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4 nutrients to boost baby’s oral health during pregnancy

While you’re probably aware that eating a well-balanced diet during pregnancy is essential for babies’ development, did you know this includes their oral health? Teeth start forming in the womb at just six weeks! By including certain nutrients in your diet during your pregnancy, you can help protect your baby’s smile for years to come.

Calcium Calcium Calcium

The first nutrient powerhouse is calcium — key for your baby to develop healthy teeth and jaw bones.

How much is enough?
Women, especially those who are pregnant or breastfeeding, should aim for 1,000 milligrams of calcium each day, according to the American College of Obstetricians and Gynecologists (ACOG). This amount jumps to 1,300 milligrams for women under 19.

What should you eat?
There are plenty of calcium-rich options out there including dairy products, fortified cereals (stick to low-sugar varieties), almonds, sesame seeds and dark, leafy greens.

Vitamin D Vitamin D Vitamin D

A close friend of calcium, vitamin D helps your baby’s bones and teeth absorb calcium and other minerals to make them strong.

How much is enough?
The ACOG recommends that all women, including those who are pregnant, get 600 international units (IUs) of vitamin D a day.

What should you eat?
Milk is a good start — one glass fortified with vitamin D typically contains around 100 IUs. Other foods rich in vitamin D include fortified cereals and fatty fish.

Vitamin C Vitamin C Vitamin C

More than just a cold remedy, vitamin C helps build the inner parts of your baby’s teeth that are vital to strength and function. Not getting enough vitamin C may lead to issues like an absence of dentin, which guards the sensitive interior of your baby’s teeth (ouch!).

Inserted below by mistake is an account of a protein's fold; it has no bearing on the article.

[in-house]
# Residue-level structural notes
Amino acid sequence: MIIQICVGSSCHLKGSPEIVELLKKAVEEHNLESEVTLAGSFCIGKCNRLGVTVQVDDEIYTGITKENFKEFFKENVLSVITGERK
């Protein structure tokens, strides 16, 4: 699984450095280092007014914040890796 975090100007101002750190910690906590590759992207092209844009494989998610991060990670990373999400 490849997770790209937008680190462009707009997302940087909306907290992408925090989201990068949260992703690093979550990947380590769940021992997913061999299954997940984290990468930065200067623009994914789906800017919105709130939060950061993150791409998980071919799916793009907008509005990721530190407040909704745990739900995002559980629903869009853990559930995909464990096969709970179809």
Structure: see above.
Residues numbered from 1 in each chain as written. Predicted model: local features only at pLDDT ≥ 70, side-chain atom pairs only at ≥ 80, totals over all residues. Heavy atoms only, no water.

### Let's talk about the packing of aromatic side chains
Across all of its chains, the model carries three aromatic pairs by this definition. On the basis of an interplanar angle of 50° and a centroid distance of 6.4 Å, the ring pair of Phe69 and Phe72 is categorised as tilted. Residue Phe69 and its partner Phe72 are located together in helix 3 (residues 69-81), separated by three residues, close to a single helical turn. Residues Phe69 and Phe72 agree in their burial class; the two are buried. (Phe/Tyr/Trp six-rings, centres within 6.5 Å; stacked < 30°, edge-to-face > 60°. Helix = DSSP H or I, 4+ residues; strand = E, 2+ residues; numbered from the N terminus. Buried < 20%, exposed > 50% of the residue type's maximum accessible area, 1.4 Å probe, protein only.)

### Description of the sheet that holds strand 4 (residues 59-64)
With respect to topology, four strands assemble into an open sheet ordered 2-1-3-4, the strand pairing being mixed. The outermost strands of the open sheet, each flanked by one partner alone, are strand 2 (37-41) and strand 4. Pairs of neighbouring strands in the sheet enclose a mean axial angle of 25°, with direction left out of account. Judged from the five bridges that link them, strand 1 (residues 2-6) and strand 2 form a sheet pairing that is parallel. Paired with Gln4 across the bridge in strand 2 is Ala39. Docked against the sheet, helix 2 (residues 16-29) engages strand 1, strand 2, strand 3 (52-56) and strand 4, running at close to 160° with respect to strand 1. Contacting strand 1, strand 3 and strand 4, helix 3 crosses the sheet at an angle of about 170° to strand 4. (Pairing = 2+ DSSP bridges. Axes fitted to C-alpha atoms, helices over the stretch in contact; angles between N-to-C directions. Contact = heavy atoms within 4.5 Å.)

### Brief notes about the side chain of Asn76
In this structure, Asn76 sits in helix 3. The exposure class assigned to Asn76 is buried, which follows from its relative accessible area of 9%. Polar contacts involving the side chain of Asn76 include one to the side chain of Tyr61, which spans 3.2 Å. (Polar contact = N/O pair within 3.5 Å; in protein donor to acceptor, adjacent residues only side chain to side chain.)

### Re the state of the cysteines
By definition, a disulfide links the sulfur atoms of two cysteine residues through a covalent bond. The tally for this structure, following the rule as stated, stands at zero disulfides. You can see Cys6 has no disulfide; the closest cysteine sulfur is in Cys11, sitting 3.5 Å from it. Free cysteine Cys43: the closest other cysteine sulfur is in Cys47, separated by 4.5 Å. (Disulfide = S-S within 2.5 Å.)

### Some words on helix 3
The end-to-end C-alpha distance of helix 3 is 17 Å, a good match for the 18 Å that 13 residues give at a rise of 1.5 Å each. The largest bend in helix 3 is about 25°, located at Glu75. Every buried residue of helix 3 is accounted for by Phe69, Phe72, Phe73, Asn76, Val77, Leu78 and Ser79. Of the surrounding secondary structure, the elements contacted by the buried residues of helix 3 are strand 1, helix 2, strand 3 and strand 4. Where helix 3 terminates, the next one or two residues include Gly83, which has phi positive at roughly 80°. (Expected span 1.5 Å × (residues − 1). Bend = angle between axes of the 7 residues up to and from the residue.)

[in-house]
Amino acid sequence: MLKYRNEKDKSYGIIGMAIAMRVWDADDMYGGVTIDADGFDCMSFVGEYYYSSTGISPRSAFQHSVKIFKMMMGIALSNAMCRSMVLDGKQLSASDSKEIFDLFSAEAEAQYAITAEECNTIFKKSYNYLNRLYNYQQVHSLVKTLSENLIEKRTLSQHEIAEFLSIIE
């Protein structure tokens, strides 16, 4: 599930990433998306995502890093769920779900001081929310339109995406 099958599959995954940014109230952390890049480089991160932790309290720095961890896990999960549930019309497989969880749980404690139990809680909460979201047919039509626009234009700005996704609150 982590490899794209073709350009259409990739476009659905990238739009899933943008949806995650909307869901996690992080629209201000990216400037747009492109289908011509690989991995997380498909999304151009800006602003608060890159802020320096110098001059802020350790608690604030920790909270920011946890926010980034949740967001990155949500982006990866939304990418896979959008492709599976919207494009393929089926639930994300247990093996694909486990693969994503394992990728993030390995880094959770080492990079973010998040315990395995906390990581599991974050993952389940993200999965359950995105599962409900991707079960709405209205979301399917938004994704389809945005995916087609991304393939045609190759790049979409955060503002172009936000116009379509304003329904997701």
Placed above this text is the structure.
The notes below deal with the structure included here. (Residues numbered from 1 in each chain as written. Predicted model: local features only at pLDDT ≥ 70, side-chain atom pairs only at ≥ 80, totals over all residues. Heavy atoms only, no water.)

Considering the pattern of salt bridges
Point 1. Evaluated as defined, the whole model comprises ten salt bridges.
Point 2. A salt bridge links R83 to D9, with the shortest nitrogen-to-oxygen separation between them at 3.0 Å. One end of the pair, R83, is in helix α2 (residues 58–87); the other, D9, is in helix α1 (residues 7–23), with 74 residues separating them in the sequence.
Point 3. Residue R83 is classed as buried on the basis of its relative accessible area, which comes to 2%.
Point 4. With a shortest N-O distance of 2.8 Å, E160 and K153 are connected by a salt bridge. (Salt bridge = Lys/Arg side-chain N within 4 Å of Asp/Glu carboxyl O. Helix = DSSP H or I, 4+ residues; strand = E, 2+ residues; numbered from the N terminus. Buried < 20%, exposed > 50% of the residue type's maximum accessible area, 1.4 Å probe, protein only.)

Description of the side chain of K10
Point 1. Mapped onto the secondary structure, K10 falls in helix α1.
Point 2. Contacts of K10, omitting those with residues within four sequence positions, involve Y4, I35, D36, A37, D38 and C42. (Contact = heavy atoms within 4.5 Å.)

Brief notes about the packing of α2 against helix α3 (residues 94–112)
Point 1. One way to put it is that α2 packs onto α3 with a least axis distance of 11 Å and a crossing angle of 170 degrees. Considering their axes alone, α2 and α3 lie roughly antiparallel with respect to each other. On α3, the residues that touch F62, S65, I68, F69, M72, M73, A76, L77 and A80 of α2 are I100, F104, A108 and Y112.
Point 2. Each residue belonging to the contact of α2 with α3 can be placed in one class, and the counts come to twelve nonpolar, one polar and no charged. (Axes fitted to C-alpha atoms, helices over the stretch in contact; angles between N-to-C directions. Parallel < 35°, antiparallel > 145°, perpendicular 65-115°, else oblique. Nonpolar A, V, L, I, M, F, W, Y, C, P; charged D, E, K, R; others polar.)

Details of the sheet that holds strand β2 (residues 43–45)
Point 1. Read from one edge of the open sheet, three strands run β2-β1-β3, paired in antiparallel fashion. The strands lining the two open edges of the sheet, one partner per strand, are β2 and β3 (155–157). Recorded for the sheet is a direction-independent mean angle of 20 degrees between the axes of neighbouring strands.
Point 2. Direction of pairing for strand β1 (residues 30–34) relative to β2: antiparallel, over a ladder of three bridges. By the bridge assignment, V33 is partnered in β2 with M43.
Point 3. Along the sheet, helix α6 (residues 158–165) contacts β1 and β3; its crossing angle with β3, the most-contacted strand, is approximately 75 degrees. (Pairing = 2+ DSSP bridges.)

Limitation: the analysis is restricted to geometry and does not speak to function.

How much is enough?
Pregnant women should strive for between 80 and 85 milligrams of vitamin C, according to the American Pregnancy Association.

What should you eat?
Reach for foods like kale, kiwis, broccoli, Brussels sprouts and strawberries. (Avoid chewable vitamin C tablets because the acidity may wear down your enamel.)

Phosphorus Phosphorus Phosphorus

Phosphorus teams up with other minerals, like calcium and magnesium, to build a healthy tooth structure that may help your baby fend off cavities and other oral health threats down the line.

How much is enough?
Women, including those who are pregnant, should get 700 milligrams per day or 1,250 milligrams for those under than 19.

What should you eat?
Bump up your phosphorus intake with chicken, fish, dairy products, eggs, nuts, seeds and beans.

Work with your doctor to ensure you’re getting all the nutrients you need to give your baby a solid foundation. By knowing which nutrients to include in your diet, you can help set your baby on the path to healthy smiles from the start.

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